A New Draw for a Free Manuscript Review has been Launched!

Jane Wilson’s plans for retirement from a high stress social services job included writing. It’s in her blood. Her older sister Jocelyn Reekie has several books in print and Jane’s an avid reader. But two years passed by without any headway. (Sound familiar?) There’s her acreage in Saskatchewan’s Qu’Appelle Valley, quilting, the odd round of golf, her grandchildren and her critters to fill Jane’s time. Meanwhile, her ideas for a historical fiction piece kept brewing. She had a complex tale in mind, with intriguing characters to match. The problem was: Where to start—and how.

A second contest for a free manuscript review  (up to 6,000 words) is now on offer. The names of the next 100 people to sign up for notices for our blog posts will be entered in the draw. The value of this prize is $300.

Jane looked for guidance on the internet and found The Scribes website. She signed up for our blog, which enrolled her in a draw for a general manuscript review. And she won.

Jane Wilson and one of her 'critters,' in the novel-inspiring Qu'Apelle Valley.

Jane Wilson and one of her ‘critters,’ in the novel-inspiring Qu’Apelle Valley.

Coaching tip #1: an external deadline is a forceful task master.

Four months later Jane had her story launched, tracing the multi-generation impact of fractured lives upon her protagonist’s fate, a tale loosely based on her own family history. Her thematic question: Can her main character learn from the past to effect change?

I gave the opening pages of Jane’s manuscript careful reflection. My task was to focus on story structure, characters and storytelling devices.

“At this stage, what you need is oversight,” I advised Jane. “The pesky details of grammar and sentences comes later, after you’ve finished and revised a first full draft.”

I provided Jane with in-text observations, info sheets, and a five page report, looking at strengths, challenges and resolutions.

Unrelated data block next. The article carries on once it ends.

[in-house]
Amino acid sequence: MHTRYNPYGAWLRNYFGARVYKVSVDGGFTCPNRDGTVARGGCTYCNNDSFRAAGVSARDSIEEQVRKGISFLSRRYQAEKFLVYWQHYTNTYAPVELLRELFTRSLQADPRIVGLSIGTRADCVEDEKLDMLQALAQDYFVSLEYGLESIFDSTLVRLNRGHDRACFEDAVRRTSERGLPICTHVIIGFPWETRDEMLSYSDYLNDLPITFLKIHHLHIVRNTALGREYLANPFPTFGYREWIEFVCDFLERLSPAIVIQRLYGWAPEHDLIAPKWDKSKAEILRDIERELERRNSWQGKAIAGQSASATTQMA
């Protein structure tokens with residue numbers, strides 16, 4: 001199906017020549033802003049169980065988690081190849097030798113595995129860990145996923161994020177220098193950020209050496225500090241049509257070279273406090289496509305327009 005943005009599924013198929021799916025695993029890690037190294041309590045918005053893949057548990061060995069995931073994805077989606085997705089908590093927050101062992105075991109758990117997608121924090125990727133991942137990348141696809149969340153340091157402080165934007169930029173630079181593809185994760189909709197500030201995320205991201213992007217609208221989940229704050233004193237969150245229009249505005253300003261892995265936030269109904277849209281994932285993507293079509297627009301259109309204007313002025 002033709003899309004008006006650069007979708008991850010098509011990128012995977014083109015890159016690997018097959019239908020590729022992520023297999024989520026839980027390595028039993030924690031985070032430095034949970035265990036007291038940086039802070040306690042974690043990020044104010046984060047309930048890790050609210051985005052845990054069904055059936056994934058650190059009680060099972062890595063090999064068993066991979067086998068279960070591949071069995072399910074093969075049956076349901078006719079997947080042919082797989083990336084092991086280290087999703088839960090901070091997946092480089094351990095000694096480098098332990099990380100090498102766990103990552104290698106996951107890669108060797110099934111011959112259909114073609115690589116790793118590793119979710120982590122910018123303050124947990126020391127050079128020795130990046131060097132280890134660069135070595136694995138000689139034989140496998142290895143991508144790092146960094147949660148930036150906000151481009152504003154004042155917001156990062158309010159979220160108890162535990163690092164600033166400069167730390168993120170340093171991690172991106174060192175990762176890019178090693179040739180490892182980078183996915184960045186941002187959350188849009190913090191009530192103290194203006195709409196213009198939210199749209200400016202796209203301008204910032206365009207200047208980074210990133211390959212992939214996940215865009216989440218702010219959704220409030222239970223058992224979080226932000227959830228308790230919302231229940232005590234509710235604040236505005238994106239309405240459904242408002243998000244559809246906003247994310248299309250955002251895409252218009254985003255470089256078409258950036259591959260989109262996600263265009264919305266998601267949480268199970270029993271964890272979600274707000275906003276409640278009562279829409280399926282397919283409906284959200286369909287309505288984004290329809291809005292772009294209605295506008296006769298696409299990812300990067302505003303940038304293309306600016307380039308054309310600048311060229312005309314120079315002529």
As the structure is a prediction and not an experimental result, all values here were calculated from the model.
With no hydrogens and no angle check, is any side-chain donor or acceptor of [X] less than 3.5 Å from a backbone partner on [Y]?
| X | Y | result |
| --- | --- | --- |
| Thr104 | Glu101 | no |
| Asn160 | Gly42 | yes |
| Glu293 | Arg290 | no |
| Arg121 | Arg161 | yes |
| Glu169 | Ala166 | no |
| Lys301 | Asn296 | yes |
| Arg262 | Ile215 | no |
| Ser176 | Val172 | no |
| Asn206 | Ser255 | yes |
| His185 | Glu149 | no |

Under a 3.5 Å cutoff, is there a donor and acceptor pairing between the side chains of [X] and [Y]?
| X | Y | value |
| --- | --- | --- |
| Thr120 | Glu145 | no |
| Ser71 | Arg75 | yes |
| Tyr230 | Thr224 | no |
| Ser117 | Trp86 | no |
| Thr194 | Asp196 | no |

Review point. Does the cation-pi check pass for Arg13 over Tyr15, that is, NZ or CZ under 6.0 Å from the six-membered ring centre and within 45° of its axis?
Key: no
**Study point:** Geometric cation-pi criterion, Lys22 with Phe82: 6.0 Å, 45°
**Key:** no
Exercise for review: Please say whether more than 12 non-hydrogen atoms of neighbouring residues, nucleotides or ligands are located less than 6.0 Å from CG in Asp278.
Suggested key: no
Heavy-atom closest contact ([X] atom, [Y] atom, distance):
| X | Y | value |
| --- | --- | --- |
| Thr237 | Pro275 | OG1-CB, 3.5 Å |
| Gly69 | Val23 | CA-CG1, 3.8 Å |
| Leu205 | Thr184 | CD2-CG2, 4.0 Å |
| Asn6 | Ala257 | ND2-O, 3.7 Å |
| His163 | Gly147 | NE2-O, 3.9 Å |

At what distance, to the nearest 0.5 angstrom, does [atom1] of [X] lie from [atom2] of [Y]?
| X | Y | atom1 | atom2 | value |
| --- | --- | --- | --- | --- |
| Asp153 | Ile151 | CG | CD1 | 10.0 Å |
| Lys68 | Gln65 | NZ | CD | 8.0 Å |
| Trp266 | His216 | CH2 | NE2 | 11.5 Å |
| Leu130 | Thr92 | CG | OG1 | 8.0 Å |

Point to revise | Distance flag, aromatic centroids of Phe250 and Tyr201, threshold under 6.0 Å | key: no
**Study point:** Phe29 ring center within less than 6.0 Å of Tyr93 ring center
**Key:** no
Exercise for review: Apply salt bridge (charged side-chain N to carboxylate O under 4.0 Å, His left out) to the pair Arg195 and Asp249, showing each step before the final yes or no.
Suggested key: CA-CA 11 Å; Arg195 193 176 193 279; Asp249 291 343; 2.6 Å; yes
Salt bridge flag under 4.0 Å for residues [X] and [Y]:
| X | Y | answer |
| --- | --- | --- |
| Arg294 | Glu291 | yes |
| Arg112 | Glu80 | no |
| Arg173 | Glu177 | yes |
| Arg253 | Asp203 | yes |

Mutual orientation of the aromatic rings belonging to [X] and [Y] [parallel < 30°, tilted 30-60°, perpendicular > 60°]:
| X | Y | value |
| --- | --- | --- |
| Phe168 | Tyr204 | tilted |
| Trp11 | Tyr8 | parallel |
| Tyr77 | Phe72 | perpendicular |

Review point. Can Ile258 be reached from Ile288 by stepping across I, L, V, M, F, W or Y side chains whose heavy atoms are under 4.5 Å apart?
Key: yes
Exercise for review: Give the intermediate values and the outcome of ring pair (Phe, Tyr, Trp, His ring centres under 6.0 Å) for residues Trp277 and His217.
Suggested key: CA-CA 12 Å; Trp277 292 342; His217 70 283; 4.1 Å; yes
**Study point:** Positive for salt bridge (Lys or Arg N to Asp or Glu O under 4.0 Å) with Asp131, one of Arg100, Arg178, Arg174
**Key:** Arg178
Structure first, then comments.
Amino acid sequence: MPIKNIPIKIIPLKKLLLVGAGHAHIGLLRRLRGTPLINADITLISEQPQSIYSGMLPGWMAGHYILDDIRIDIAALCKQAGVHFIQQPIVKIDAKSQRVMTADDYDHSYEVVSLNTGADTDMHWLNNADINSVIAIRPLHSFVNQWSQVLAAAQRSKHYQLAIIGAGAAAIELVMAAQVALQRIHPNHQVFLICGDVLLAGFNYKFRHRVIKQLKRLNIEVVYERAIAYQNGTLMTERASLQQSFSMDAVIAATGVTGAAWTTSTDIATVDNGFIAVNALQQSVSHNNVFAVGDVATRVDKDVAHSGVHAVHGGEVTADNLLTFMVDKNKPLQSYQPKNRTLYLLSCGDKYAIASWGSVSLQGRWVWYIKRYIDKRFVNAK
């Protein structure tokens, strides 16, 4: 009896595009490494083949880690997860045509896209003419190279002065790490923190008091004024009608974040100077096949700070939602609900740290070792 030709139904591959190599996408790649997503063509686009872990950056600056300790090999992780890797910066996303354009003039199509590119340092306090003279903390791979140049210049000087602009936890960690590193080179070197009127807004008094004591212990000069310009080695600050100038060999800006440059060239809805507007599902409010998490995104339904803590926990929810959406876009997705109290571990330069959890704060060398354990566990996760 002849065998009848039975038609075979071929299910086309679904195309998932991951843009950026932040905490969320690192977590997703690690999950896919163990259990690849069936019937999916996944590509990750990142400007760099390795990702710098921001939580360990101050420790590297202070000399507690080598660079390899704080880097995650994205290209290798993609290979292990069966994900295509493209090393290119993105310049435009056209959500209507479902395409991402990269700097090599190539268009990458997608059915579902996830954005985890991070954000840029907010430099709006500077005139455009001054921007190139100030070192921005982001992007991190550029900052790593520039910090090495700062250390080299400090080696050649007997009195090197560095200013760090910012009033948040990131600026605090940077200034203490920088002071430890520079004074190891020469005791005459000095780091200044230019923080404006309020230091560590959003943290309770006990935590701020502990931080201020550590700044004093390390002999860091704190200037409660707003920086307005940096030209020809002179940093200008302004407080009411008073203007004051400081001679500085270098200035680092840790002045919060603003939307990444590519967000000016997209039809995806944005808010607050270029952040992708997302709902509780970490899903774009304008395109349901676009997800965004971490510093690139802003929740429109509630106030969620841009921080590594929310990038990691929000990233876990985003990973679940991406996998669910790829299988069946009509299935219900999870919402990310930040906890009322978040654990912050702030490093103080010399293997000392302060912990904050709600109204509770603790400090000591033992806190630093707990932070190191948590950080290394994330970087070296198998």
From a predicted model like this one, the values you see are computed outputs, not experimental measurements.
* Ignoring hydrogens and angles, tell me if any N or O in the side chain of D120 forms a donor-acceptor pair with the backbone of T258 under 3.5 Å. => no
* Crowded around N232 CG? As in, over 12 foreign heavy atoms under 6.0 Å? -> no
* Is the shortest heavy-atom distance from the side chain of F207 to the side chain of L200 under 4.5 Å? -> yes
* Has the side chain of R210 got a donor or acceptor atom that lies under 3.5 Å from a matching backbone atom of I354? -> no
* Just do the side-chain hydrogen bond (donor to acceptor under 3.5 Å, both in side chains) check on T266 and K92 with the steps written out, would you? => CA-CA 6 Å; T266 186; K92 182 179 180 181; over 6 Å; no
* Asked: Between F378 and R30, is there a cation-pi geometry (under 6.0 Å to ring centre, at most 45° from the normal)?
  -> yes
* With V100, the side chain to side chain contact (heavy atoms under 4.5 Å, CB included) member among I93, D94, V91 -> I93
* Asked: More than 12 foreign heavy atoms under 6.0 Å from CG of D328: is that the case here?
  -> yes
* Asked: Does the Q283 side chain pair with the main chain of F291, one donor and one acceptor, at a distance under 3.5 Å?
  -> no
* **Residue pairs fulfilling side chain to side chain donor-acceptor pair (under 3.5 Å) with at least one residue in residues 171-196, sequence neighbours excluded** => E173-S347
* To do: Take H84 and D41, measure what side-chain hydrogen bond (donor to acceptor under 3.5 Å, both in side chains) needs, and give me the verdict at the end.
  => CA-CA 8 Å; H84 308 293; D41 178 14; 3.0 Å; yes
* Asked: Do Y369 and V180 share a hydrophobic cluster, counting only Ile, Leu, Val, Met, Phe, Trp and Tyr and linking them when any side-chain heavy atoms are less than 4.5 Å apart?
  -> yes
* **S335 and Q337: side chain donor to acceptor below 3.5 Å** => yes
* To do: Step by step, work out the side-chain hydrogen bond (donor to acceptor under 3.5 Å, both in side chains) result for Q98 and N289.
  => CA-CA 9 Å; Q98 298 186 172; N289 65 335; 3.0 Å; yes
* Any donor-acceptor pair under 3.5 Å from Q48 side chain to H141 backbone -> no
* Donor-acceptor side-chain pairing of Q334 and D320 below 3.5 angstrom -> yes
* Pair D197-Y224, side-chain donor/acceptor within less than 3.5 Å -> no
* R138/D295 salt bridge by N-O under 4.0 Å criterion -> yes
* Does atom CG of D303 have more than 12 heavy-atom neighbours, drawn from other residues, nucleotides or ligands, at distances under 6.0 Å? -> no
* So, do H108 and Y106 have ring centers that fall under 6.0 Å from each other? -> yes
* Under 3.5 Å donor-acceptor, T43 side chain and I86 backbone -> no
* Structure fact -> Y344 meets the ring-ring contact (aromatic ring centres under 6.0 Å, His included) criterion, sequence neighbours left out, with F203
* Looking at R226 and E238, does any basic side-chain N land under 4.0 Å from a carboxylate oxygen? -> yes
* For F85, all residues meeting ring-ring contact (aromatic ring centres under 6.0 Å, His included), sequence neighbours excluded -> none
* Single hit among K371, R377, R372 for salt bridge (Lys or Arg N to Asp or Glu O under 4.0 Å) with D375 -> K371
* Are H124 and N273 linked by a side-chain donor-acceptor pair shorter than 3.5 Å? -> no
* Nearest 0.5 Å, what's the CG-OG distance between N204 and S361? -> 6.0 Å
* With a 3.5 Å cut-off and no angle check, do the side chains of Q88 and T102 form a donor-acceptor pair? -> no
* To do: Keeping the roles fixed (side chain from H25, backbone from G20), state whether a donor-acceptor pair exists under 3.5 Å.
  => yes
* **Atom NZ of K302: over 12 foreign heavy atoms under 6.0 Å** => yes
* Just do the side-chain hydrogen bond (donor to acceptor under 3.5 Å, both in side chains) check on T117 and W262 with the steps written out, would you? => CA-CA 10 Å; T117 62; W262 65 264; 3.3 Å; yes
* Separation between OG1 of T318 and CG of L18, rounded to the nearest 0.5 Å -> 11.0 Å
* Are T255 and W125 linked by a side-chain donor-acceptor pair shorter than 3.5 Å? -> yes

For a professed newcomer to creative writing, Jane had accomplished a lot. She opened with a dramatic scene and provided cinematic descriptions of lead characters, allowing readers to come to their own conclusions about the nature of these people and how their lives might unfold.

Jane found my notes about areas of possible reader confusion helpful. They were the result of a backward flipping story flow. She had adopted a narrative arc that’s common in film, but requires a seasoned writer to accomplish in print.

“WOW! You have really given me excellent information and caused me to really think about my writing, both in what I have written and where I am going with it.,” wrote Jane. “I am so fortunate to have won your contest and truly can’t tell you how helpful your comments are.”

The next step for Jane is to probe her summer reading, picking apart the structure of some master works. Meanwhile she’ll write biographical sketches for each of her lead characters and she’ll play with ideas about how to make her story move forward with clarity.

Coaching tip #2: A pre-planned story outline, and thoughts about its overall theme, make it easier to get started–and to keep writing.

Coaching tip #3: Get to know your characters intimately. You’ll know how they’ll act/react as the story unfolds. And, as always, writing makes us think more deeply so you’ll get new plot ideas and story focus.

We look forward to seeing more writing from Jane in future!

Perhaps you need external oversight too, from a trained professional? Call us. Manuscript review and coaching tips are our specialty!